• type qualifiers say what kind of thing the id name or number refers to. Possible types are host, net and port. E.g., `host foo', `net 128.3', `port 20'. If there is no type qualifier, host is assumed. dir qualifiers specify a particular transfer direction to and/or from id. Possible directions are src, dst, srcordst and srcanddst. E.g., `src foo', `dst net 128.3', `src or dst port ftp-data'. If there is no dir qualifier, srcordst is assumed. For `null' link layers (i.e. point to point pro- tocols such as slip) the inbound and out-bound qualifiers can be used to specify a desired direction. proto qualifiers restrict the match to a particular protocol. Possible protos are: ether, fddi, ip, arp, rarp, decnet, lat, moprc, mopdl, tcp and udp. E.g., `ether src foo', `arp net 128.3', `tcp port 21'. If there is no proto qualifier, all protocols consistent with the type are assumed. E.g., `src foo' means `(ip or arp or rarp) src foo' (except the latter is not legal syntax), `net bar' means `(ip or arp or rarp) net bar' and `port 53' means `(tcp or udp) port 53'. The –r option must not be given to the script because internally we are supplying ‘-r –‘ option as a default entry, so that TCPDUMP reads the traces from the standard input. So it does look logical, not to supply a ‘-r’ option from the CLI.The –i option must be avoided too. This is because TCPDUMP listens only on 1 interface at a time. In our case we are dumping packets that arrive on all the interfaces on to the standard output. If you want to view per interface packets, ‘nstrace.sh’ can be used with the ‘-tcpdump 1 -nic 1’ option as input.The ‘-F’ option is not encouraged. If this is to be put to full use, use ‘nstrace.sh’ or ‘nstcpdump.sh –w <file>’ and do an offline filtering using TCPDUMP directly. This is because we felt that, since you are using the standard output to dump the traces, it would not be a wise idea to use ‘complex’ filter expressions. So the better idea would be to store in a file the entire trace and view it using Ethereal or graphical packet analyzer and based on the fields you are interested, generate your ‘expression’ file and use TCPDUMP directly on the shell with the ‘-F’ option to filter the trace captured.-sSnarfsnaplen bytes of data from each packet rather than the default of 68 (with SunOS's NIT, the mini- mum is actually 96). 68 bytes is adequate for IP, ICMP, TCP and UDP but may truncate protocol infor- mation from name server and NFS packets (see below). Packets truncated because of a limited snapshot are indicated in the output with ``[|proto]'', where proto is the name of the proto- col level at which the truncation has occurred. Note that taking larger snapshots both increases the amount of time it takes to process packets and, effectively, decreases the amount of packet buffering. This may cause packets to be lost. You should limit snaplen to the smallest number that will capture the protocol information you're interested in. -T Force packets selected by "expression" to be interpreted the specified type. Currently known types are rpc (Remote Procedure Call), rtp (Real-Time Applications protocol), rtcp (Real-Time Applications control protocol), vat (Visual Audio Tool), and wb (distributed White Board).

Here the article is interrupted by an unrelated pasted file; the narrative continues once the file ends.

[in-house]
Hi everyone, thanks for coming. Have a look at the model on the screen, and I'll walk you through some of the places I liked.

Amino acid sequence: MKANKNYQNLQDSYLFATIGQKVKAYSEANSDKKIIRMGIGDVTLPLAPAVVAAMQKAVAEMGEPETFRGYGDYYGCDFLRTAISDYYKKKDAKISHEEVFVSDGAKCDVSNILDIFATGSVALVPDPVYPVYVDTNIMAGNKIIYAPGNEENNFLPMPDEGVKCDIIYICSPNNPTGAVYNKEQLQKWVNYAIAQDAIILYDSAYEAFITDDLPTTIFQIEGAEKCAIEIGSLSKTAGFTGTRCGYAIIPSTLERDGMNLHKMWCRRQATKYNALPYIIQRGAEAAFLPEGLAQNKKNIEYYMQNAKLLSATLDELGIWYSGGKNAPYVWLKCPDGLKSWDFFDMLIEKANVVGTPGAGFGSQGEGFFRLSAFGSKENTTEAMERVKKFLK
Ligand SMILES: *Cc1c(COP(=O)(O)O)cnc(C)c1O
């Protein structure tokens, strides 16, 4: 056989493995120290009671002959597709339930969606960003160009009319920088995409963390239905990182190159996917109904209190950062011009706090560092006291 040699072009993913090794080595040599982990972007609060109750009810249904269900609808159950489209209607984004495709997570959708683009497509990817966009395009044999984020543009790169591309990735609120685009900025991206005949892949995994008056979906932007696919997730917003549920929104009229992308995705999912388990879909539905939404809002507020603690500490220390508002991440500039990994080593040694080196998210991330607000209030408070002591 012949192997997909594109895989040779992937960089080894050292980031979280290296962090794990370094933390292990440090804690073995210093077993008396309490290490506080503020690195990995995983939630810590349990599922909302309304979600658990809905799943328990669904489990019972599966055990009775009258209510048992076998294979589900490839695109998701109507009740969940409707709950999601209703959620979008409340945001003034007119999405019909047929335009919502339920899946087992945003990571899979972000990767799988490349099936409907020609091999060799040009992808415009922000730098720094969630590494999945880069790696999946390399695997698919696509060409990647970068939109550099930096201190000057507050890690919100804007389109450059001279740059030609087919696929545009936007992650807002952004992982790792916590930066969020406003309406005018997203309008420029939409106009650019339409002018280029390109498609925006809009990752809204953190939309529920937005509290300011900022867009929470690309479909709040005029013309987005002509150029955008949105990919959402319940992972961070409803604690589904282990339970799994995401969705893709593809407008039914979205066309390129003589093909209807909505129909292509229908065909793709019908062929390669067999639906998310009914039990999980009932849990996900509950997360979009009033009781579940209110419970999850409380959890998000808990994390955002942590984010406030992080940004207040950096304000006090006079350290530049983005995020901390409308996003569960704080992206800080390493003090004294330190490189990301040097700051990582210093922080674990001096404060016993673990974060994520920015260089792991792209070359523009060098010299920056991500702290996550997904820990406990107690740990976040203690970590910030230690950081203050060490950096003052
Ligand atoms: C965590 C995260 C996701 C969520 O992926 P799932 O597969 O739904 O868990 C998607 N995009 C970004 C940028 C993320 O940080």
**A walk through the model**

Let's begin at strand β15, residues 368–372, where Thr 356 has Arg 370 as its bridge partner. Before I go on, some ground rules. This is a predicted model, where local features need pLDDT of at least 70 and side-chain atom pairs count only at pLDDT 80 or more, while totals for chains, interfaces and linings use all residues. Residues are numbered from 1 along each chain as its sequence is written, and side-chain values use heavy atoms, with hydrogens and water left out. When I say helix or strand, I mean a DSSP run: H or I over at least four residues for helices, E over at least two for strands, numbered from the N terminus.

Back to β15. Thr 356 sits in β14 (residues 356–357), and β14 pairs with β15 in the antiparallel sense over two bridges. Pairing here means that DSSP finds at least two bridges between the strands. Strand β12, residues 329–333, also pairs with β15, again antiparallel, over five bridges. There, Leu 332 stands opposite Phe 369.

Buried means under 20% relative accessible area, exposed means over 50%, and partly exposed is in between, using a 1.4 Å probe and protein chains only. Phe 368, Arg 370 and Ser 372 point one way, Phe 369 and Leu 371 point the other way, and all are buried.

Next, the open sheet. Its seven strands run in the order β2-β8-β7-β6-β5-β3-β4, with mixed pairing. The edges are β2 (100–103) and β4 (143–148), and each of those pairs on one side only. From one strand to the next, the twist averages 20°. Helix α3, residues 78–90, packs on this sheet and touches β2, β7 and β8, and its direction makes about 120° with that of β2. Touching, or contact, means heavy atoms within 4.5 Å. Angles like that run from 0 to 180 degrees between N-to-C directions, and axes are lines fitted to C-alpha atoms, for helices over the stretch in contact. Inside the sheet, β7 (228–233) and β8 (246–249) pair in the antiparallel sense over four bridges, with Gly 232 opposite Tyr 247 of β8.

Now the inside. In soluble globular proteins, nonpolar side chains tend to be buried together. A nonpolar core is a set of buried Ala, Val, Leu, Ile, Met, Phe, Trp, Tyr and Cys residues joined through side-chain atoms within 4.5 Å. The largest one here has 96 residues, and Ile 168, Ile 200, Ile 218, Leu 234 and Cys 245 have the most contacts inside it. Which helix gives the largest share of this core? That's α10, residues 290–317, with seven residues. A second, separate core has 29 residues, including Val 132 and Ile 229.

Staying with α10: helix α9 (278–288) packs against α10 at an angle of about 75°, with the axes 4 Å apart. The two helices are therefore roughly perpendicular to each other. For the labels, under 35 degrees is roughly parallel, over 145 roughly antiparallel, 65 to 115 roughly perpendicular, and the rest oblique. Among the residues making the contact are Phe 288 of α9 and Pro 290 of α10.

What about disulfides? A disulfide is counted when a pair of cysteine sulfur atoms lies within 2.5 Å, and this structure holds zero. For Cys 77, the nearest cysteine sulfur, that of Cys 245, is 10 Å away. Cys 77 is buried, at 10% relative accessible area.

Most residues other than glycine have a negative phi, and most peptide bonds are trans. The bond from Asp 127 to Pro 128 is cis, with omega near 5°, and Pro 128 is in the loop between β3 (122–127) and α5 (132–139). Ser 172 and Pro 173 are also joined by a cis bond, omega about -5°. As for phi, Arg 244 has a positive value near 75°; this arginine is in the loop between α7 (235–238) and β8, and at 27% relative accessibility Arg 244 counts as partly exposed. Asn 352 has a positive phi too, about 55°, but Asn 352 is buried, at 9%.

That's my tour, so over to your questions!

• Nstcpdump is just a wrapper for tcpdump, standard syntax applies.